Chris Espenshade, MA/RPA. Chris is a professional archaeologist with more than 27 years of supervisory experience in CRM archaeology of the eastern United States and Caribbean. He has an MA in anthropology from the University of Florida and a BA in anthropology from Wake Forest University. Chris has applied metal detecting on the following projects: Data Recovery Excavations at Camp Baird, the autumn 1864 encampment of the 32nd US Colored Troops (1989); Evaluation and data recovery investigations of the Spanish Wells Picket Post, Hilton Head Island, South Carolina (1990); Survey and testing of a portion of the Civil War defenses at Secessionville, South Carolina (1994); Survey of the core of the battlefield of the Battle of New Hope Church, Paulding County, Georgia (1995); Survey and Evaluation of the Reserve Line of the Chattahoochee River Line (1998); Metal-Detector survey of the Rocky Cove CCC Camp, Pisgah National Forest (2005); Archaeological Search for the Battery Locations, Battle of Newnan/Battle of Brown’s Mill, Coweta County, Georgia (2007); Intensive Metal-Detector Survey of 37 acres of the Resaca Battlefield, Gordon County, Georgia (2008); Cultural Resource Baseline Inventory of the Battle of Blountville, Tennessee (2009); Archaeological Evaluation in Support of Landscape Analysis, Fort Heiman, Kentucky (2010); and Metal- Detector Survey of An Additional 46 Acres, Resaca Battlefield (2011). He has written on military archaeology in North American Archaeologist, Journal of Middle Atlantic Archaeology, and Northeast Historical Archaeology. He has presented on the subject at the SHA, MAAC, ASV, and GSA conferences. Chris was a co-organizer and presenter at the 2011 conference Advanced Metal Detecting for Archaeologists.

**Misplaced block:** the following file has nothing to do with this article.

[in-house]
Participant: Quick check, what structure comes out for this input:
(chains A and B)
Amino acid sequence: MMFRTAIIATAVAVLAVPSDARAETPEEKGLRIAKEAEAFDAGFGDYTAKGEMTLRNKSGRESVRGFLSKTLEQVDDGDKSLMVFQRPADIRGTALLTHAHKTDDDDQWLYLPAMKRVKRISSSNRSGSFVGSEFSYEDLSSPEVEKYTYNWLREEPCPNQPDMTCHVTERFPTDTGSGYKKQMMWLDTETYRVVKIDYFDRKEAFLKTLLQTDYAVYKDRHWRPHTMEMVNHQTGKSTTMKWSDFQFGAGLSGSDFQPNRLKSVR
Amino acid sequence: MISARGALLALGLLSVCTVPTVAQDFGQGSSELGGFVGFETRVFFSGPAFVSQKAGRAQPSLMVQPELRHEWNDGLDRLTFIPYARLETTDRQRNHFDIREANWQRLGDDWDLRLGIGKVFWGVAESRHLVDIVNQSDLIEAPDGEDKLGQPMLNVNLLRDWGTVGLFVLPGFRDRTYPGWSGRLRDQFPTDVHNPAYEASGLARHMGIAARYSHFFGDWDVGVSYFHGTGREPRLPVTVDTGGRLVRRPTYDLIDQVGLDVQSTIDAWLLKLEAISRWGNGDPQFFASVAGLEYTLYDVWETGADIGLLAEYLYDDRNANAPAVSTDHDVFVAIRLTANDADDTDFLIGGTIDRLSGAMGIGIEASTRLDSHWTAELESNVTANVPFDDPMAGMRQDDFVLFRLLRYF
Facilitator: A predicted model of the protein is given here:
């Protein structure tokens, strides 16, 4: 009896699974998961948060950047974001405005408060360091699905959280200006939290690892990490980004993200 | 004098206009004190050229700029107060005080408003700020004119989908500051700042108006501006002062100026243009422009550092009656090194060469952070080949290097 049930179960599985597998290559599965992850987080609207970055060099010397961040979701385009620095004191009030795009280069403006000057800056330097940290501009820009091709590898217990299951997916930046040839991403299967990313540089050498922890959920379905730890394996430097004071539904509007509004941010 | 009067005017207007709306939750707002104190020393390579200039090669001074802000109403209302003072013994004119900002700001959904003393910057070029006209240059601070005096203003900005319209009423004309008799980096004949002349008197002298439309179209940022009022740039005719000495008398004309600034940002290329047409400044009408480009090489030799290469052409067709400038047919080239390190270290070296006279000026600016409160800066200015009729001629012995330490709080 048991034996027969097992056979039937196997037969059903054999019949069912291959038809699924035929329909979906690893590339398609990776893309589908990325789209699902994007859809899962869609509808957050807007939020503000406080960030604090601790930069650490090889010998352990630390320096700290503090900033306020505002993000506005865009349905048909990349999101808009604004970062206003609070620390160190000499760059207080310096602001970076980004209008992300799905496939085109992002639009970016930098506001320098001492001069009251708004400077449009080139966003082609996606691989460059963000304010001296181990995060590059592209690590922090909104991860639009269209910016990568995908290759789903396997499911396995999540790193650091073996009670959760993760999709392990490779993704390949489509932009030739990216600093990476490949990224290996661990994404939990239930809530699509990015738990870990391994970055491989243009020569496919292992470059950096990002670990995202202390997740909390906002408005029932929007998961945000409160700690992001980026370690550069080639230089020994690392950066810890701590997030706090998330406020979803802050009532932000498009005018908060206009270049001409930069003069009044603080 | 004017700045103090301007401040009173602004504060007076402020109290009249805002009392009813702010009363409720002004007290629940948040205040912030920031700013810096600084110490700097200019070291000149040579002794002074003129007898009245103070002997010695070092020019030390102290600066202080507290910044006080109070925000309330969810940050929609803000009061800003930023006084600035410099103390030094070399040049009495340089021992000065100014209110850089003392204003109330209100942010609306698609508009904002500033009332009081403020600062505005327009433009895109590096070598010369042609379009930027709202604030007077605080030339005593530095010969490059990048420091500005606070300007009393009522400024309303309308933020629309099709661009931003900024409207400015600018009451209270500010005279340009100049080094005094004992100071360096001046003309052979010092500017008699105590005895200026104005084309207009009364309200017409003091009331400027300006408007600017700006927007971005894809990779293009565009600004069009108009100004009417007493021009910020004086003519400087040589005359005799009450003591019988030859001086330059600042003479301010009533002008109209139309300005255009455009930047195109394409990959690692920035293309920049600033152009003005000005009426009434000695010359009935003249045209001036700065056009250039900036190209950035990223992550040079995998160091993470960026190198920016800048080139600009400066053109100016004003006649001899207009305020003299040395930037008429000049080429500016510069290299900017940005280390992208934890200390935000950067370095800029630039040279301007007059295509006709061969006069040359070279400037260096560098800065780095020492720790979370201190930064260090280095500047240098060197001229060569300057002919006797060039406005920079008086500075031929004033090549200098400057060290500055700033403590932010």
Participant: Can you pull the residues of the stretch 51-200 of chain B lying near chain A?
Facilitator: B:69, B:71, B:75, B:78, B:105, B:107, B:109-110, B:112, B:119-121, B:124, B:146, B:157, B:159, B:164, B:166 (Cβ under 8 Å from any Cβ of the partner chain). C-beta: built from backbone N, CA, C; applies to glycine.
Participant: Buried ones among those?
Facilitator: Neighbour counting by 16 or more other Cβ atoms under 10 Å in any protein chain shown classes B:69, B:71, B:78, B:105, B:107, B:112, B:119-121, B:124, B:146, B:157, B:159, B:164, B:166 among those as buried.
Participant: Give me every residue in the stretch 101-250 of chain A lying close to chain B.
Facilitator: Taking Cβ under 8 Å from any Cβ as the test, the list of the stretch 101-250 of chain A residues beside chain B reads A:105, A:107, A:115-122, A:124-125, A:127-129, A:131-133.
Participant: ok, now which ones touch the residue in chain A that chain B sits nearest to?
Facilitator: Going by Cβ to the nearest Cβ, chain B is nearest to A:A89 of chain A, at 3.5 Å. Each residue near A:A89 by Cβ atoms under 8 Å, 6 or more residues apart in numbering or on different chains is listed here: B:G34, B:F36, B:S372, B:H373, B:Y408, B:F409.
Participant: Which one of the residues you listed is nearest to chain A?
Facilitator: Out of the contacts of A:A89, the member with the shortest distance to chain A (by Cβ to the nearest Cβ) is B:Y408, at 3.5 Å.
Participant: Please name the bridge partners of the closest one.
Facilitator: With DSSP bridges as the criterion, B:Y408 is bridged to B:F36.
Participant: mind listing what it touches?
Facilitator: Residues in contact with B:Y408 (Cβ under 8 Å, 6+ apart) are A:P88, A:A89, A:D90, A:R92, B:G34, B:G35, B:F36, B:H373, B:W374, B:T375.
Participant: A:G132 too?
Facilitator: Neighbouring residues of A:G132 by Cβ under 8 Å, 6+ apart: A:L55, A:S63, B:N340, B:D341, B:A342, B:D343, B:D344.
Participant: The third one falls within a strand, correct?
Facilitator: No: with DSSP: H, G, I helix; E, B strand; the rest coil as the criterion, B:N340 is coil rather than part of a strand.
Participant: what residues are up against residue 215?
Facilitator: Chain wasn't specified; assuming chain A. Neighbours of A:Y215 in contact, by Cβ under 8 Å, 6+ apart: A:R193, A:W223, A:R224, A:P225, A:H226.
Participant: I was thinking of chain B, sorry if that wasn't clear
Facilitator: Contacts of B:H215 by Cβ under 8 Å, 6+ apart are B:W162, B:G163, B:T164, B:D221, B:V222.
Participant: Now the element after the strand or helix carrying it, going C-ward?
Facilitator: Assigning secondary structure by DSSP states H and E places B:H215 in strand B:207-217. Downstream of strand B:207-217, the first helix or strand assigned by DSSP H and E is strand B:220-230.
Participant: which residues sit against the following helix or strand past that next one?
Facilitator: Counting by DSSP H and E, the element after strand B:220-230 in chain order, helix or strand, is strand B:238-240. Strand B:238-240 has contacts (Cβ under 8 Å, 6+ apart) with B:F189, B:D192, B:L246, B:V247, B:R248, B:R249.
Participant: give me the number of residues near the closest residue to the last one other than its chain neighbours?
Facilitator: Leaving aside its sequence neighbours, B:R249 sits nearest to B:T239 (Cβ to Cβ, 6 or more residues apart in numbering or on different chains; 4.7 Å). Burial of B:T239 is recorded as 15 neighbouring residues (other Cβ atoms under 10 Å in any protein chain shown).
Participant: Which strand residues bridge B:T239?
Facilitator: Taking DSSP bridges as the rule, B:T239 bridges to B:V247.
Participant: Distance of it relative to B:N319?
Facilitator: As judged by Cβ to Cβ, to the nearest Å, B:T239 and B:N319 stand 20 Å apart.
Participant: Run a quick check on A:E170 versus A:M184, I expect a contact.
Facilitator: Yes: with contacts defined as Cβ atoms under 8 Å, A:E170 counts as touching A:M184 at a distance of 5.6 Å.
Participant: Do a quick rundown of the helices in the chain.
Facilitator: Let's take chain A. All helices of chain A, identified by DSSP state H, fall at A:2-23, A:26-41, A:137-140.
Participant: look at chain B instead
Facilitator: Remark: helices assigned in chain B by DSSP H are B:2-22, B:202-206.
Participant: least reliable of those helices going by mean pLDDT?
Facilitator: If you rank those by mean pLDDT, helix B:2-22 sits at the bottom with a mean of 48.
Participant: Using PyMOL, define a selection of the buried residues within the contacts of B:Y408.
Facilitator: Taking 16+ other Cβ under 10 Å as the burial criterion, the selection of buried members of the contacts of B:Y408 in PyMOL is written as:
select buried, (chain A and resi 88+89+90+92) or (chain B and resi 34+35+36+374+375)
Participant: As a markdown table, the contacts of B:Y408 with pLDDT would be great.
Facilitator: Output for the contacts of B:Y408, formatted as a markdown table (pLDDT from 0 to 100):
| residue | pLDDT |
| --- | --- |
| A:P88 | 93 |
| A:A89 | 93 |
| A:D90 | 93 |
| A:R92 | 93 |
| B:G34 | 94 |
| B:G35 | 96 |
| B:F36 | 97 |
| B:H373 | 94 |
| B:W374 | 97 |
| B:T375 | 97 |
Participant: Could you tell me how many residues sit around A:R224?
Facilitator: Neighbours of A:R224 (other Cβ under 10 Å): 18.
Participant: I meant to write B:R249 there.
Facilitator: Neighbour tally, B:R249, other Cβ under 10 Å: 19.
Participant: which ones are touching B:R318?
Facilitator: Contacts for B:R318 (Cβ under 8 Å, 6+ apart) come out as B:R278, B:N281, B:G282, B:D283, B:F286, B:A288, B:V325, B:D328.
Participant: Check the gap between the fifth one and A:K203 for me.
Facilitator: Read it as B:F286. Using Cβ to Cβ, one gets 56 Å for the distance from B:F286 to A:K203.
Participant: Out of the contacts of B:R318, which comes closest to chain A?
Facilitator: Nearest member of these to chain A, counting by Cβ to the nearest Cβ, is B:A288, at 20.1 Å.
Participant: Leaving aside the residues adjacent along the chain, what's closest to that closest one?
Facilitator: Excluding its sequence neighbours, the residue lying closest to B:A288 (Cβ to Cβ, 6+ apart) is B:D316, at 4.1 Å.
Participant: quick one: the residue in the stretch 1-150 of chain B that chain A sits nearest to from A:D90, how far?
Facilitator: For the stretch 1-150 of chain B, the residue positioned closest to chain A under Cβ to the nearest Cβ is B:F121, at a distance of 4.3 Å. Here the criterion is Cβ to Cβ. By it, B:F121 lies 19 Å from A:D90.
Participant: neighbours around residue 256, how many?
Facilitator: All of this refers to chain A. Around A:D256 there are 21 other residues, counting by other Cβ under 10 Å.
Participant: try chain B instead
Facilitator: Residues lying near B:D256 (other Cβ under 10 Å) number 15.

Charles Haecker, MA/RPA. Charlie recently retired from the National Park Service, Intermountain Region, where he had been employed as an archaeologist since 1992. Prior to his career with the NPS, Charlie worked for nearly 20 years for various federal and state agencies as well as private consulting firms throughout the southwestern and southeastern US. All totaled he has over 40 years of archaeological experience. He received his MA in Anthropology (archaeology concentration) in 1976 from Eastern New Mexico University.
While at the NPS he integrated use of systematic metal detection for their research. One of the best known examples of his work is from Palo Alto National Battlefield (location of the February 2015 AMDA training), which culminated in On the Prairie of Palo Alto (1997 Texas A & M press). He has taken the AMDA class (at Palo Alto) and has extensive experience speaking and relating information to a variety of student types.